By comparing our patients to those from other published studies using external controls treated with CMF or CAF alone, our study is subject to substantial limitations in matching study and control patients. Although CMF and CAF are similar in their efficacy, some studies show a slight survival and response trend in favor of CAF, (2,3) and others show a significant advantage. (4,5) Our findings may be more precisely rendered by comparing only those of our patients treated with CMF to the CMF external controls and similarly, for those patients treated with CAF.
We had some missing data in the CMF dosages, which could introduce some bias in comparing our patients to those treated with chemotherapy alone. Even though Pine Street patients were temporally matched to external control cohorts, and thus likely to have received similarly dosed chemotherapy dosages, differences in dosages could have biased survival outcomes in one direction or the other.
Matching patients was also made difficult by the varying percentages of patients in the control studies who had used Tamoxifen. Furthermore, a higher percentage of estrogen receptor positive patients were present in our Stage II (as compared to the Scottish study) and Stage IV study cohorts (as compared to the German study). This may have conferred a higher survival advantage to our patients. Note that when we aggregated our Stage II and Stage III patients in order to make a comparison with the Canadian study by Levine (in which more patients were ER-positive), there was a smaller survival advantage to our patients than in the previous comparisons.
Additional bias could be present due to the higher percentage of post-menopausal women in our study cohorts.
Our clinical practice focuses on the use of integrative protocols. With our own patients, we were not able to design a trial that would randomize patients to chemotherapy alone. A prospective study could help minimize the potential for bias through the randomization process.
Chrono-Therapeutics Every metabolic event undergoes rhythmic changes in time (thus, the term “chrono”). Drug bio-availability, host immunity and hormonal levels all demonstrate variability according to circadian rhythm. Early authors in the Chinese medical literature first described chrono-therapeutics as a treatment strategy in two Chinese medical classics: The Yellow Emperor’s Classic of Internal Medicine (Huang Di Su Wen Nei Jing)” and the Classic On Difficult Issues (Nan Jing).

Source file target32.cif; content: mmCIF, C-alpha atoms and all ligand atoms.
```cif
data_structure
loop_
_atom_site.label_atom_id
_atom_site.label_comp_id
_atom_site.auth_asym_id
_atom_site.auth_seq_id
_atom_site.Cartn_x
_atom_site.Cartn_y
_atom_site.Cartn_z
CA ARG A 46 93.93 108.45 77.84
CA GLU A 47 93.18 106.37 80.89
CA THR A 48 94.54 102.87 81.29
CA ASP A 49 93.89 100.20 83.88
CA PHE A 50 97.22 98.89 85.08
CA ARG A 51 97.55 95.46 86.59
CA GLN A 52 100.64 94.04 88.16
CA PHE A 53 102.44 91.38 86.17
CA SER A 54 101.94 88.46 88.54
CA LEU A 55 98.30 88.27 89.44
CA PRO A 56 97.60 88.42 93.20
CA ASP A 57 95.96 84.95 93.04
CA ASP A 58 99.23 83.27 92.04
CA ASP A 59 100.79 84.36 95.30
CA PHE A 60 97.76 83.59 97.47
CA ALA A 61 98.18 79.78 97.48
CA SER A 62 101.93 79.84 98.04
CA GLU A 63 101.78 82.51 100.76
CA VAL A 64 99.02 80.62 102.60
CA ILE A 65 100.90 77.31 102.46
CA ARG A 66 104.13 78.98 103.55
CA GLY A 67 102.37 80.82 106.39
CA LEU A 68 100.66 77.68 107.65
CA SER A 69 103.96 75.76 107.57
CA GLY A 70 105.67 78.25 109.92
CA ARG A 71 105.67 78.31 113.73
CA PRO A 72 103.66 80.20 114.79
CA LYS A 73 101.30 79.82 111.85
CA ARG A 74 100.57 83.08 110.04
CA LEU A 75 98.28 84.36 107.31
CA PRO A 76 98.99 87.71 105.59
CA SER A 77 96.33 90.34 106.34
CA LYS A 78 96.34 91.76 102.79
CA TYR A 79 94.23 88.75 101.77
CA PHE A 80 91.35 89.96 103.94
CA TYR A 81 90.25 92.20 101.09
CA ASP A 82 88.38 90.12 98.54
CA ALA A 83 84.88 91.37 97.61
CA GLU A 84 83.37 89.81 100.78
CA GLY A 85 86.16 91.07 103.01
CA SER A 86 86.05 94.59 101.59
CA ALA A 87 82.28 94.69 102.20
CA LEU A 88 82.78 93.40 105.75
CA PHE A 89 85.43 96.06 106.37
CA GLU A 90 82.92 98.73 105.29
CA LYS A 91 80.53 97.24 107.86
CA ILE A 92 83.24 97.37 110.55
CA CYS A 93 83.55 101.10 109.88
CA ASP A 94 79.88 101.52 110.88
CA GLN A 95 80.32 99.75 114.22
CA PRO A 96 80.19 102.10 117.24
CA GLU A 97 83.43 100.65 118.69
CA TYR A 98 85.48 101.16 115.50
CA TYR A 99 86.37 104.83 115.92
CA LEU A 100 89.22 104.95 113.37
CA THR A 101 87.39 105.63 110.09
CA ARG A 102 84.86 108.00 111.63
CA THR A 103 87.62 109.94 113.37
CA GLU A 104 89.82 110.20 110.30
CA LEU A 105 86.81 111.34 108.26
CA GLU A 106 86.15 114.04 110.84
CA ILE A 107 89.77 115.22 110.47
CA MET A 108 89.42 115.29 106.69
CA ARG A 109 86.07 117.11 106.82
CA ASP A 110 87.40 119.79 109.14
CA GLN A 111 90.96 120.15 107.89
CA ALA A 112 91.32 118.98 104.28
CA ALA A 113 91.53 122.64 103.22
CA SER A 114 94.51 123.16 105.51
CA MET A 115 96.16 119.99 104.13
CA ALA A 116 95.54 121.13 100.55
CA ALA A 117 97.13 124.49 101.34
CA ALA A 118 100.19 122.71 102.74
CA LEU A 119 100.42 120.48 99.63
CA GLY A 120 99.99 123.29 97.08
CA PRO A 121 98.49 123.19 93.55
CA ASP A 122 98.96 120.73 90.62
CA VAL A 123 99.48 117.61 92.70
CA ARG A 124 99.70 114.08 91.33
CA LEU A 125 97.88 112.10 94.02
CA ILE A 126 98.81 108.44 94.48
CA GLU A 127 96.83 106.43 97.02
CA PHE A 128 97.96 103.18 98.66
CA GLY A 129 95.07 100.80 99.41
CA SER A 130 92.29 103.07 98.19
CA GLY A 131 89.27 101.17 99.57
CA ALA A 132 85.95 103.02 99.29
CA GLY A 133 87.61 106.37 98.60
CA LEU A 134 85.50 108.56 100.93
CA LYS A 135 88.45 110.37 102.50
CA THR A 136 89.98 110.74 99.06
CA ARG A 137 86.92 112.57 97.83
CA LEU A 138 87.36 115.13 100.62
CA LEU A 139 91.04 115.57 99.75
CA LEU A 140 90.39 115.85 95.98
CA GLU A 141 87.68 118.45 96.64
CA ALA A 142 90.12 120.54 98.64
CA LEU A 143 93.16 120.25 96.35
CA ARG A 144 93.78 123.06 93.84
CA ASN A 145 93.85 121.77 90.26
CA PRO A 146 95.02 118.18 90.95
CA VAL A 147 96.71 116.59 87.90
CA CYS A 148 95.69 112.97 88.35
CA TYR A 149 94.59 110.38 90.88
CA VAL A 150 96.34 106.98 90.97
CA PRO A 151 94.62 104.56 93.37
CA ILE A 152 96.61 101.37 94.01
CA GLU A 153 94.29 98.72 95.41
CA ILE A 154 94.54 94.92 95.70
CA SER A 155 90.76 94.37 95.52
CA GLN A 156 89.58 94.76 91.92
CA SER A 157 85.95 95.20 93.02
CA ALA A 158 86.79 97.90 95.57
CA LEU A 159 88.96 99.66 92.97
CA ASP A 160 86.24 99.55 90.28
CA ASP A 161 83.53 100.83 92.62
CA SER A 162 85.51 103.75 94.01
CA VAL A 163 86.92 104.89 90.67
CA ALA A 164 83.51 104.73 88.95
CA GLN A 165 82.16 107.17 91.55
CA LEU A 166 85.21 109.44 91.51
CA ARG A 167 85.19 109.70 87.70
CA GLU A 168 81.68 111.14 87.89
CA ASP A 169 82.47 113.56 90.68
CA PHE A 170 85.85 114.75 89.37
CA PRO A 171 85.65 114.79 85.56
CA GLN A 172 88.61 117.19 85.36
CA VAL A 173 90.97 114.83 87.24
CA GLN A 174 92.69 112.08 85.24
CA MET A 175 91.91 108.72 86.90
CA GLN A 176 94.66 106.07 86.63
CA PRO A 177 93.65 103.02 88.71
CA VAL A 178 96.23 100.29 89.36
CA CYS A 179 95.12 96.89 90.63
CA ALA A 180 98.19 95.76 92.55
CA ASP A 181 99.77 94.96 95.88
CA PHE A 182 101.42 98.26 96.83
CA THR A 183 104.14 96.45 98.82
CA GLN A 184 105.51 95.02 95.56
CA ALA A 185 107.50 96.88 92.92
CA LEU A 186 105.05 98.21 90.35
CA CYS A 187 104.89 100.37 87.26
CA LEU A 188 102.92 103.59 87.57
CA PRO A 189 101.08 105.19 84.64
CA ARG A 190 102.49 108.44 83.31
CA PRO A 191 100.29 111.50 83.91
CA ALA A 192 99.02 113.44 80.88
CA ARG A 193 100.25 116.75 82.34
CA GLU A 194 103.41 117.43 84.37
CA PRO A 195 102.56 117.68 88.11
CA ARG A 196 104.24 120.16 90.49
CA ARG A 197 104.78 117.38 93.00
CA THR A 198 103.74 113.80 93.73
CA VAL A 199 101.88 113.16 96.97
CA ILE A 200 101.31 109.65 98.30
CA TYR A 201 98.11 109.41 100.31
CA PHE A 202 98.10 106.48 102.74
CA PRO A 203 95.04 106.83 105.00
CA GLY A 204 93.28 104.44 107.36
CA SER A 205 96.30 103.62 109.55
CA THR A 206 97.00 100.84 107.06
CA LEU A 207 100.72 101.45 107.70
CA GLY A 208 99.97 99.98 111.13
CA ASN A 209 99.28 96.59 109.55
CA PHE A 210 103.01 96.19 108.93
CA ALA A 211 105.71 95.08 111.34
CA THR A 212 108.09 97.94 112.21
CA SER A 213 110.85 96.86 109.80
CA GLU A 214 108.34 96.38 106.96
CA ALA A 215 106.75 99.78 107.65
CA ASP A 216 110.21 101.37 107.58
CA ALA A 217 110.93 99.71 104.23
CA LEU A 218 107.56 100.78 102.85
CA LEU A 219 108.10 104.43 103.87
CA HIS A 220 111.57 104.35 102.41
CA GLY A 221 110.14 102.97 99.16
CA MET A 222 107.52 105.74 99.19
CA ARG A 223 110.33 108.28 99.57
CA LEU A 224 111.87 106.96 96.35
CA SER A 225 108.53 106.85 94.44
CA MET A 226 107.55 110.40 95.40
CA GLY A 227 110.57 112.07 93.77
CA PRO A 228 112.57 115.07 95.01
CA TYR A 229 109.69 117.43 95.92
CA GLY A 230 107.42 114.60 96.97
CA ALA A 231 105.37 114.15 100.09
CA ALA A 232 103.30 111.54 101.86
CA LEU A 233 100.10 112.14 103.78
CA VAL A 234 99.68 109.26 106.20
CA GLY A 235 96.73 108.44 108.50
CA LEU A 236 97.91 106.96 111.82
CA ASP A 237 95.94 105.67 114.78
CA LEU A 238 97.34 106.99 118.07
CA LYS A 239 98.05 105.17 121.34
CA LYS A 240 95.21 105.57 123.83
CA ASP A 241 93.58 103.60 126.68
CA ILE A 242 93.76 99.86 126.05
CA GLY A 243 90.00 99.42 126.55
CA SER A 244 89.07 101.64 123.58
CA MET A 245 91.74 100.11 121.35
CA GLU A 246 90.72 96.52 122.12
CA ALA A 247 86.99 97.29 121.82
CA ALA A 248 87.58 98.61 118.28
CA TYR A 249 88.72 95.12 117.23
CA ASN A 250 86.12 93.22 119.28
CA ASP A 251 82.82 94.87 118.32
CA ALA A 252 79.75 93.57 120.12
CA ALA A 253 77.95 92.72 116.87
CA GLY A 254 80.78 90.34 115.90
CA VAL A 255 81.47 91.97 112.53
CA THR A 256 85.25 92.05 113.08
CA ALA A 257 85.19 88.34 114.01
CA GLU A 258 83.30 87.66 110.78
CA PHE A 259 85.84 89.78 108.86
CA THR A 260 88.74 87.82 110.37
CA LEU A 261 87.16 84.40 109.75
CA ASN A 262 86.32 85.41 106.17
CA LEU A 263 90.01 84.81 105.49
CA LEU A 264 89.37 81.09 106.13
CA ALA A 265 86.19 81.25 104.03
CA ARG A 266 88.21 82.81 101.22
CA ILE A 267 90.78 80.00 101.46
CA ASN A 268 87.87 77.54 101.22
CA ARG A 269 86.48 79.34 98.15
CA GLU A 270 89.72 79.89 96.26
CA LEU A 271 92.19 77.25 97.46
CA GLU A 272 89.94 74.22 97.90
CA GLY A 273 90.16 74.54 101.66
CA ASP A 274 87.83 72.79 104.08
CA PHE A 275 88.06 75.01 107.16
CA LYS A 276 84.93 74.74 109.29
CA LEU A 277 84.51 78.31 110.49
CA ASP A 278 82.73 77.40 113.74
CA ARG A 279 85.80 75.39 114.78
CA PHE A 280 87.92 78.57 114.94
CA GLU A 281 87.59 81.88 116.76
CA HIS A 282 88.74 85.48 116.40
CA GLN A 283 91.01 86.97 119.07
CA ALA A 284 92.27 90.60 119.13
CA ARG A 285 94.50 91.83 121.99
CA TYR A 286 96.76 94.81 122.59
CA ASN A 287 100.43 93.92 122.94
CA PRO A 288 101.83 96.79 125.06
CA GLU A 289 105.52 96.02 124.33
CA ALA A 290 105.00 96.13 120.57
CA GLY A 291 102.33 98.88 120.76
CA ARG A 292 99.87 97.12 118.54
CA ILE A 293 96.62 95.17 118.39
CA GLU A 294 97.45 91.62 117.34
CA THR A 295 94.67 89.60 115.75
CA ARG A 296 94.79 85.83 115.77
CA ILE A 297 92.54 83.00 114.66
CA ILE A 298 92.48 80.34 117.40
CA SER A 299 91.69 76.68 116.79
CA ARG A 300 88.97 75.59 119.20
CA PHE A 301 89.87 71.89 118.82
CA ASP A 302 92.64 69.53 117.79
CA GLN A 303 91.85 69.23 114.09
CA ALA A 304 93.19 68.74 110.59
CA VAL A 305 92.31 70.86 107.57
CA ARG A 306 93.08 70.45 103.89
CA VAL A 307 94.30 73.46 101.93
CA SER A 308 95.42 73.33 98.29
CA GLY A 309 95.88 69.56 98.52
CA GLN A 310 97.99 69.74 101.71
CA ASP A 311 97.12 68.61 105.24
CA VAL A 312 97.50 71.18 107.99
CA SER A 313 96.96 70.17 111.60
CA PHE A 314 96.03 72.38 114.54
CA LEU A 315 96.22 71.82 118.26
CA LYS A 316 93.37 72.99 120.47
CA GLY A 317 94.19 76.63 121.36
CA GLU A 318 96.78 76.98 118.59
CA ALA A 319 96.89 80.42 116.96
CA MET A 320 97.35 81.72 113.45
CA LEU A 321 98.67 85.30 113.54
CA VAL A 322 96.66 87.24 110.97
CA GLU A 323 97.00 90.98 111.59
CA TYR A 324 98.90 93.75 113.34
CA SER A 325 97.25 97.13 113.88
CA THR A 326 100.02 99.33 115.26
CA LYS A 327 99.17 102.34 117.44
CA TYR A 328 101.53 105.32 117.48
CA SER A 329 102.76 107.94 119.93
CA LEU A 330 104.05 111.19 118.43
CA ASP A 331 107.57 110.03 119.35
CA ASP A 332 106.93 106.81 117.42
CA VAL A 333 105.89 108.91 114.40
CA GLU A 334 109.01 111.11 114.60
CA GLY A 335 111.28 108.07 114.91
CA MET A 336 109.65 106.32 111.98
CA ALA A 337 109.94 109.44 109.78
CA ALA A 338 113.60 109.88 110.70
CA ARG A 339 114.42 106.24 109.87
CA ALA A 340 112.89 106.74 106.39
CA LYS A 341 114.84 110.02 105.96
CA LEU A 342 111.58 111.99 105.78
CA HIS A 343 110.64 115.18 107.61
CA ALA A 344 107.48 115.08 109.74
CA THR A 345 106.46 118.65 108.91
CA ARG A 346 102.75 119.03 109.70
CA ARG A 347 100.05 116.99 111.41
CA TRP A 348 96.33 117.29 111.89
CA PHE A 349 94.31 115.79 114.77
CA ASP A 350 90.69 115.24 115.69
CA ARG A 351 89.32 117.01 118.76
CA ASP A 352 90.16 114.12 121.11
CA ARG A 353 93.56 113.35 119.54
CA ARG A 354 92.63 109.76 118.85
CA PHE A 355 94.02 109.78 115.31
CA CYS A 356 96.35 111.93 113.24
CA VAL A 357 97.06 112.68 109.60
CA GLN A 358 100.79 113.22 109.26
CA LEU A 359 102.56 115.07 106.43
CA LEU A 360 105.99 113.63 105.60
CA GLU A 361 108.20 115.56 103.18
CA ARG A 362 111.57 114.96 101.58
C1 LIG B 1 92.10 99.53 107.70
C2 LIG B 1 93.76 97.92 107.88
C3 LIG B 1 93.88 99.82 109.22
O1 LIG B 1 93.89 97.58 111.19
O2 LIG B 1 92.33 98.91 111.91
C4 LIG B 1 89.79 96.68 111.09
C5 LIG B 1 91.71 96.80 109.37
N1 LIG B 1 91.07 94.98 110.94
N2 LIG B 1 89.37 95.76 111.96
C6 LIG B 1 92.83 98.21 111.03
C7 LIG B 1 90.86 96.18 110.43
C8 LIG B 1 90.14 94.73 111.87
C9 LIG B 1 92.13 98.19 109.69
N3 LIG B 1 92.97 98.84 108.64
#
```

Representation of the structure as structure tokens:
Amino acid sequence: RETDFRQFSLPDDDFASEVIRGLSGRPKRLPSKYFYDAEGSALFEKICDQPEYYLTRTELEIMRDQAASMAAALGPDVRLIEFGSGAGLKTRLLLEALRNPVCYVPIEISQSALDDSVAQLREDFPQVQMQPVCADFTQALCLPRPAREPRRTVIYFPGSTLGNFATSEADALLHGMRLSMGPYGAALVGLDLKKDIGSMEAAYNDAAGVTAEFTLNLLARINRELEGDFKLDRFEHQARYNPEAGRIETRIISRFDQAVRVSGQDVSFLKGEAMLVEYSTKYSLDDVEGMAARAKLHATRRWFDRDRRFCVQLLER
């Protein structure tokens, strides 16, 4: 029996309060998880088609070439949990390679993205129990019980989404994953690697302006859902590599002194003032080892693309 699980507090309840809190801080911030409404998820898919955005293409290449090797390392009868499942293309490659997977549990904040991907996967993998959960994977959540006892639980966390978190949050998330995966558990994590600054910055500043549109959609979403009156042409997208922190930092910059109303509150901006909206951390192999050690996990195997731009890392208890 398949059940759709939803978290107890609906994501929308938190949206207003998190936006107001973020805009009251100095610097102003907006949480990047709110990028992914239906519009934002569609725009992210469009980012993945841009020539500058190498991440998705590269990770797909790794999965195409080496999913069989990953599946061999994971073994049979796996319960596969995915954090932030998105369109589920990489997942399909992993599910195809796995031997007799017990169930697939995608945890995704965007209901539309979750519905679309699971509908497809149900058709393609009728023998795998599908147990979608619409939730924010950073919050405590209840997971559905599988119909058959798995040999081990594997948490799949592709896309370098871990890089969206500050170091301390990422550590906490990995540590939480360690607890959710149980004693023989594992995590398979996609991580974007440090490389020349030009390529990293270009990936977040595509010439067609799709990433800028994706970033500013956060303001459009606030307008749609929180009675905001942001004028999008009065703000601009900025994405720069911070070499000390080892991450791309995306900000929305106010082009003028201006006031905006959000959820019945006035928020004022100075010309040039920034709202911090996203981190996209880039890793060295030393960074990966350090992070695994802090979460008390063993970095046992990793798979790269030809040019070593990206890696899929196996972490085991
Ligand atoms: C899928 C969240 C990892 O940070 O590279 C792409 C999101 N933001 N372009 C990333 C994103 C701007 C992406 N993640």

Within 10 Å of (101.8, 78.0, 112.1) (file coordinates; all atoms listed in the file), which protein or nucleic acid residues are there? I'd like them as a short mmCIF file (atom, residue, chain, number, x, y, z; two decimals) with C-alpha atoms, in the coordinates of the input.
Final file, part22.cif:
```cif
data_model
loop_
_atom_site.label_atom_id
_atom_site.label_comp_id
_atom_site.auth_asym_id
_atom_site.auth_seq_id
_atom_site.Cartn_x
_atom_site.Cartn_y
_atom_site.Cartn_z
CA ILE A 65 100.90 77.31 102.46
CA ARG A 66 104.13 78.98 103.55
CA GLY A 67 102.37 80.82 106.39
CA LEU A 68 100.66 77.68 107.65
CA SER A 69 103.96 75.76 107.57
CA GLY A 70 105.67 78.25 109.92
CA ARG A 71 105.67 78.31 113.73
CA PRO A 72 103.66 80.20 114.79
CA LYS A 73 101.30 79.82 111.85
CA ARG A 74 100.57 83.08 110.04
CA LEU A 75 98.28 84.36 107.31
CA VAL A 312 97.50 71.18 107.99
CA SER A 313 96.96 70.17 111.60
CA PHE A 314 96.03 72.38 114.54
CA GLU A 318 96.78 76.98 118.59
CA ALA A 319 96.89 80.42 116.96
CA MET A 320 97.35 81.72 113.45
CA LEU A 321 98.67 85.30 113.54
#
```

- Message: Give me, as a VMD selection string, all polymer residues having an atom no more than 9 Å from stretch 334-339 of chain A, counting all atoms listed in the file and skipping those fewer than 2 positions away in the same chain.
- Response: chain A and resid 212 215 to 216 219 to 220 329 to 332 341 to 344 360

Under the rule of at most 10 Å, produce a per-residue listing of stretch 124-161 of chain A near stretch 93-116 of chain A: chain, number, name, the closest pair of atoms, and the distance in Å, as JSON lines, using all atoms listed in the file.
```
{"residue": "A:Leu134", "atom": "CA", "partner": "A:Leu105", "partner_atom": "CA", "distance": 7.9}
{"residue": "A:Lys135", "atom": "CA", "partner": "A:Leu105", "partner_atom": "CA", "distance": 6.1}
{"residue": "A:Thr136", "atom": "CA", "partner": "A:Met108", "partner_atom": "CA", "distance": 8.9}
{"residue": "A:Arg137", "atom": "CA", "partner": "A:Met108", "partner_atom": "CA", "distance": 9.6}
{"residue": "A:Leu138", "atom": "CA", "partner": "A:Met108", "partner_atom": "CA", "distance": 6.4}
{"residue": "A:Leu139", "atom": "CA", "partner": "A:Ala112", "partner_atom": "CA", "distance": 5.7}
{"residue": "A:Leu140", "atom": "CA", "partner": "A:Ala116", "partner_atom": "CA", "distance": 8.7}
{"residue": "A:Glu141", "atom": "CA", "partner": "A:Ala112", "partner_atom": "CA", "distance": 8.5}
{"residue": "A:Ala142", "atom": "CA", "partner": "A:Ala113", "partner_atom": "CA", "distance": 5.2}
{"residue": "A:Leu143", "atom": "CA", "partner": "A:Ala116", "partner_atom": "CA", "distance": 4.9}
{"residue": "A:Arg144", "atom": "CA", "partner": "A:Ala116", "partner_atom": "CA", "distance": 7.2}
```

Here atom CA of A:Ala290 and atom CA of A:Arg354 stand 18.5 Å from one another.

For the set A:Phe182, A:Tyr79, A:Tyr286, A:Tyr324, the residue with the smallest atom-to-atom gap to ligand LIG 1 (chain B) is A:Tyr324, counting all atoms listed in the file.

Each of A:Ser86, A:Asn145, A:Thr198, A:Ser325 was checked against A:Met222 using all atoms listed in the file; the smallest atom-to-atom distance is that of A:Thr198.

In designing our protocols, we began with the original Chinese theories, adding where possible data on human physiological functions and drug pharmacokinetics from modern published sources.(6)
These protocols are based on a combination of traditional Chinese medical literature, clinical studies from Chinese journals, (7) published in-vitro studies, in-vivo animal studies, and published human trials. However, some protocol elements are not directly linked in the published literature with their intended uses as we have applied them. Although science has made considerable progress in the treatment of cancer, more progress is still needed.
We believe that “out-of-the-box” thinking in cancer care can combine published science, anecdotal observations and active patient and doctor collaboration to achieve better clinical outcomes.
Our clinical experience suggests that treatments timed according to the circadian rhythm may offer a long-term survival advantage. Our treatment strategies are based on the three-pronged principle of (1) boosting host immunity, (2) decreasing the body burden of drug metabolite toxicity and (3) enhancing the cytotoxic effect of chemotherapeutic drugs. Improving cancer treatment remains an important challenge. In future, we hope to formally test multi-modality protocols in prospective trials.
Pine Street Chinese Benevolent Association was established in San Anselmo, California in 1982. Pine Street houses a medical clinic, clinical research center, medical information library, and an Integrative Medical Tumor Board. Michael Broffman, LAc is clinical director, and Michael McCulloch, MPH, LAc research director. Other publications include a meta-analysis of TCM vs. alpha-interferon on the treatment of chronic hepatitis B (currently being reviewed by the British Medical Journal). Current research projects in progress at our nonprofit research office are formal survival analyses (breast, lung, colon, and stomach cancers), and the development of an early detection screening method for lung cancer using a professionally trained dog to detect exhaled volatile organic chemicals.
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Andersson M, Lindegaard Madsen E, Overgaard M, et al. Doxorubicin versus Methotrexate both combined with Cyclophosphamide, 5-fluorouracil and Tamoxifen in postmenopausal patients with advanced breast cancer-a randomized study with more than 10 years follow-up from the Danish breast cancer cooperative group. Eur J Cancer 1999;(35)1:39-46.